Disruptors and Energy Transition Forum

Disruptors and Energy Transition Forum

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Santiago Marriott Hotel, Santiago, Chile
Av Presidente Kennedy 5741, Las Condes, Santiago

Schedule: 8:30 – 9:00 am Registration and Welcome Coffee
9:00am – 4:00 pm Presentations and Panel Discussions
Contact: Diana Rodriguez


Well before the landmark Paris Accord was signed, the world had embarked on an energy transition and deep transformation. What many refer to as the 3 D’s — decarbonization, digitalization and decentralization — have been increasingly embraced by industry and government alike as solutions to the vexing challenges of a modern energy sector that supports economic development in a sustainable manner. Certainly, renewable energy is a prominent piece of the energy transition puzzle, but there must also be significant innovation in technology, financing, and business models on both the supply and demand side of energy systems. And nowhere is this more evident than in our hemisphere. Technological innovation is poised to be a key element for insuring the energy industry’s profitability and competiveness and perhaps nowhere is this more critical than with digitalization and data. But in addition to technological innovation is the role of entrepreneurs in driving changes and developing new technologies and new ways to view energy markets.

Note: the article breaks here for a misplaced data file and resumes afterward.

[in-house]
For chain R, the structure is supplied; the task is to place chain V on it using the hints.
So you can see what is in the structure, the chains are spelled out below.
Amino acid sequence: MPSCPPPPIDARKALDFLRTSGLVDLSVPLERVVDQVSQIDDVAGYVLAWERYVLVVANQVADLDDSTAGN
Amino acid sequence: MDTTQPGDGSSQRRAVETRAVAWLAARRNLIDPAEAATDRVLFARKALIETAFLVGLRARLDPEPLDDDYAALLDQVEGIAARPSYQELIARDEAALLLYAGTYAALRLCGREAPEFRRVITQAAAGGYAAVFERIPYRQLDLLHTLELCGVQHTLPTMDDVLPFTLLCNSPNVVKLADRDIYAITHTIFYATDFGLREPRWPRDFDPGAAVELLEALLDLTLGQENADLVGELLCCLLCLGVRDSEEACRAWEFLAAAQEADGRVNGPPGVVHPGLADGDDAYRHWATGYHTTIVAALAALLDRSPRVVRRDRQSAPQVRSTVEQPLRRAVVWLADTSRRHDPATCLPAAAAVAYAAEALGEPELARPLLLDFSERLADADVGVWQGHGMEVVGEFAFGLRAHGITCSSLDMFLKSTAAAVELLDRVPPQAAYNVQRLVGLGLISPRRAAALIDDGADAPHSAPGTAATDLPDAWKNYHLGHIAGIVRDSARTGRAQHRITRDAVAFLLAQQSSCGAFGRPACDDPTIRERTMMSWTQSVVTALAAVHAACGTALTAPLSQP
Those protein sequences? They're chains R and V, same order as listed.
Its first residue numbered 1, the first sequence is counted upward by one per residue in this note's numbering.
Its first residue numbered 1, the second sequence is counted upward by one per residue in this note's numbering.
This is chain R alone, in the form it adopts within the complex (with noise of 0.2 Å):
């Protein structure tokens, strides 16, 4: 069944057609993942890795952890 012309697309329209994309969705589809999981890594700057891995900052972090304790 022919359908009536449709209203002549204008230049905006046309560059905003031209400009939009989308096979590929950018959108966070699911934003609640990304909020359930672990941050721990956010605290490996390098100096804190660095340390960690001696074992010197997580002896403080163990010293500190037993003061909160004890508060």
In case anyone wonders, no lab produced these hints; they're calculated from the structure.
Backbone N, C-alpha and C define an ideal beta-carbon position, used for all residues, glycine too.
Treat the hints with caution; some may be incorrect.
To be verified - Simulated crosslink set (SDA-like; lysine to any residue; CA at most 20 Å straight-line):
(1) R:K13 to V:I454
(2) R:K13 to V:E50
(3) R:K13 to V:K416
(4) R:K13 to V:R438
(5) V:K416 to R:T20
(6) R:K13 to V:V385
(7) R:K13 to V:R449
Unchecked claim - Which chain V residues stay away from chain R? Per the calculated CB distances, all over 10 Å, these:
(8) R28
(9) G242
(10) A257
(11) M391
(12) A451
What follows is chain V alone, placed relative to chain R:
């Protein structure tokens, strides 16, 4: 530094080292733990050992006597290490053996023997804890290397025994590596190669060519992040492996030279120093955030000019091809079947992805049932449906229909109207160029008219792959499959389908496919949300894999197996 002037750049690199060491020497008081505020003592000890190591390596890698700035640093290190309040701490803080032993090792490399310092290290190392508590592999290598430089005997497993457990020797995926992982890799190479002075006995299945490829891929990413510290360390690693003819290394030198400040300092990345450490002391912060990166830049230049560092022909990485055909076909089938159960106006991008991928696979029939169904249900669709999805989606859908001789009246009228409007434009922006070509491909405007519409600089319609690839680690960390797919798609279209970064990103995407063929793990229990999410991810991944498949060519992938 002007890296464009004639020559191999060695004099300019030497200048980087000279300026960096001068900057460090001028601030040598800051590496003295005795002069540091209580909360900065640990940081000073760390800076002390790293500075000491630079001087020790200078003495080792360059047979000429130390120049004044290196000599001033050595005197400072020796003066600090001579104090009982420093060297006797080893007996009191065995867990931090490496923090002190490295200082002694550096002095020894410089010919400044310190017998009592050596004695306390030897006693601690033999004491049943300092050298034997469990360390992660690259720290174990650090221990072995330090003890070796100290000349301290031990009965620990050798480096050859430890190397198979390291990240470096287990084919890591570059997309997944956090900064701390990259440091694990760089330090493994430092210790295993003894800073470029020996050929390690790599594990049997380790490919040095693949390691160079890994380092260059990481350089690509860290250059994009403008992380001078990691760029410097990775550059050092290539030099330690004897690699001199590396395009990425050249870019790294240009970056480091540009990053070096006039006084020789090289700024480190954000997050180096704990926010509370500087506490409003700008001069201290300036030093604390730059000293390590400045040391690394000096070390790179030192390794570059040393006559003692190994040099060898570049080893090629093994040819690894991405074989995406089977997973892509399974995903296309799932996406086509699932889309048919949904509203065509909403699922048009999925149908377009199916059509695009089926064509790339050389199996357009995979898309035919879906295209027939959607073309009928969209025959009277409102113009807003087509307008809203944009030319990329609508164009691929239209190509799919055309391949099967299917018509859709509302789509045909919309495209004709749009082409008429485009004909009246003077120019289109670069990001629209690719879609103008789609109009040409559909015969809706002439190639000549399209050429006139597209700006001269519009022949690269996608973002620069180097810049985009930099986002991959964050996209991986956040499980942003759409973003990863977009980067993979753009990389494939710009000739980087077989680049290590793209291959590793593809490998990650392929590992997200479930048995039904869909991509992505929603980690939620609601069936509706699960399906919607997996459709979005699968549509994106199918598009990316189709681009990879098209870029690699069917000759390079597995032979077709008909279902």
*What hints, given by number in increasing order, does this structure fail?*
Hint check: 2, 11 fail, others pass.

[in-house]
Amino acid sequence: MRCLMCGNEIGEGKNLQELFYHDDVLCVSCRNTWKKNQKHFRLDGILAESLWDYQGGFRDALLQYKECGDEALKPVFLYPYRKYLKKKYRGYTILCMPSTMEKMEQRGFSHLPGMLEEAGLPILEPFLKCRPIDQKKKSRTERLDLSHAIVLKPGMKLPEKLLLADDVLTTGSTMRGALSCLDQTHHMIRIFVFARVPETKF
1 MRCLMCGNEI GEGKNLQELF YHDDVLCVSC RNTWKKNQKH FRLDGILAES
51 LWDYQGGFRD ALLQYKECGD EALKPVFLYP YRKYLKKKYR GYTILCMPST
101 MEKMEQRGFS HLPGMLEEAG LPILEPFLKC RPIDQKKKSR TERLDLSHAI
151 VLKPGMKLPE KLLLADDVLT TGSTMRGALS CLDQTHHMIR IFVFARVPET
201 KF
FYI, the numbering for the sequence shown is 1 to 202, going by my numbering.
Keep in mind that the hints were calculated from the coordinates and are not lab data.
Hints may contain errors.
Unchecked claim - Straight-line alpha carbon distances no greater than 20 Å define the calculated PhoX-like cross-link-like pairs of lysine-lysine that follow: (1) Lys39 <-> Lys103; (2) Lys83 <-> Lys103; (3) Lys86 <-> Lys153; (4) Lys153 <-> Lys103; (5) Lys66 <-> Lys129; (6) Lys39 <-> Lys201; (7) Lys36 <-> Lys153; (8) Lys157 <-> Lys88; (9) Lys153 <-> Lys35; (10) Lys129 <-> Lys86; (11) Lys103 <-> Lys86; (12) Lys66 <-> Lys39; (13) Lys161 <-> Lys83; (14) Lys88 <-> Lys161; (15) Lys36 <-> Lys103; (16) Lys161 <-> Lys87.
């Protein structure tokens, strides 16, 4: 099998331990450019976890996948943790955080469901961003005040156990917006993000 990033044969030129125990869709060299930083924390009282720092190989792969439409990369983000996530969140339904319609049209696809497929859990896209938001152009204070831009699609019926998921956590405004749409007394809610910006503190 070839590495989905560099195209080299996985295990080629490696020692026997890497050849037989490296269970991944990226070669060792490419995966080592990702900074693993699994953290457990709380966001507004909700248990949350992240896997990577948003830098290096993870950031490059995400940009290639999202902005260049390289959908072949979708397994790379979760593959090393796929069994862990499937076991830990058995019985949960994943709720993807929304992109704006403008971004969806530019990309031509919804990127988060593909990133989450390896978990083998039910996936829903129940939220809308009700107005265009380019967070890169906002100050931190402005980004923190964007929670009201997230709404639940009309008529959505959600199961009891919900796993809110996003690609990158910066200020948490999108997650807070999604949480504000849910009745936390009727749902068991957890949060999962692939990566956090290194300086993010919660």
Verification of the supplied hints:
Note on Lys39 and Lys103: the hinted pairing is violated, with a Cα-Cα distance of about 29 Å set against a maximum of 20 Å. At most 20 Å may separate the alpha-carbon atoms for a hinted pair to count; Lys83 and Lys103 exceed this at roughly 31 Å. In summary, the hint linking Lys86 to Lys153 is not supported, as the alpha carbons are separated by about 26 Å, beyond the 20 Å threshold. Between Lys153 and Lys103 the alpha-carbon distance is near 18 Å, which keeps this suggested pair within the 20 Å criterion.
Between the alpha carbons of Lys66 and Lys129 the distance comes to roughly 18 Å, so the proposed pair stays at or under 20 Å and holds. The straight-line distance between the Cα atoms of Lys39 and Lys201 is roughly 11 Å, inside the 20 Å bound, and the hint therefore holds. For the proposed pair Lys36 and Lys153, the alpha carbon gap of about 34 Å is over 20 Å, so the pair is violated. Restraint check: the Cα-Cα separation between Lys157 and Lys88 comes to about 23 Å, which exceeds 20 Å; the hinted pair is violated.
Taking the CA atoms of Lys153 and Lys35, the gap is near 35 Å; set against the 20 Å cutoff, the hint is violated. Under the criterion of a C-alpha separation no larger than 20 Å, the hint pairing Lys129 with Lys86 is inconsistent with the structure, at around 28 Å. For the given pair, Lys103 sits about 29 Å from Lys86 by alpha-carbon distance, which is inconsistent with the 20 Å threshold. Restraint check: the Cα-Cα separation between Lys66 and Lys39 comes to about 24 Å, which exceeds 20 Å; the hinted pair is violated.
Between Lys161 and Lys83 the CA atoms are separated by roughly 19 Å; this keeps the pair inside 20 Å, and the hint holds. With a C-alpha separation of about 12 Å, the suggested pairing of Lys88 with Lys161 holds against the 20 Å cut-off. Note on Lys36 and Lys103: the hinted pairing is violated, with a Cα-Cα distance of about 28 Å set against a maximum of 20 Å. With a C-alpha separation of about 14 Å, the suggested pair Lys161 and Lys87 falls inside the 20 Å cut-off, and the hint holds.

There are two overarching elements to meeting the region’s energy transition challenge: reducing emissions stemming from energy supply by increasing the share of low-carbon energy in the supply mix and moderating growth in demand for energy by profoundly increasing energy productivity. This latter element is often summarized by the word “disruptors.” Popular across a wide range of sectors, what the term truly speaks to is a breakthrough that literally disrupts energy systems on all levels and segments. Energy storage is most often portrayed as the most likely disruptor facing the region’s energy sector, but there are others. The Industrial Internet of Things and increased use of data analytics are increasingly part of the energy transition conversation, particularly in terms of boosting productivity.  By some accounts we generate 50,000 gigabytes of data per second. There are myriad ways to unravel and analyze this data and the energy sector is grappling with several approaches.


Sempra Energy Chilquinta

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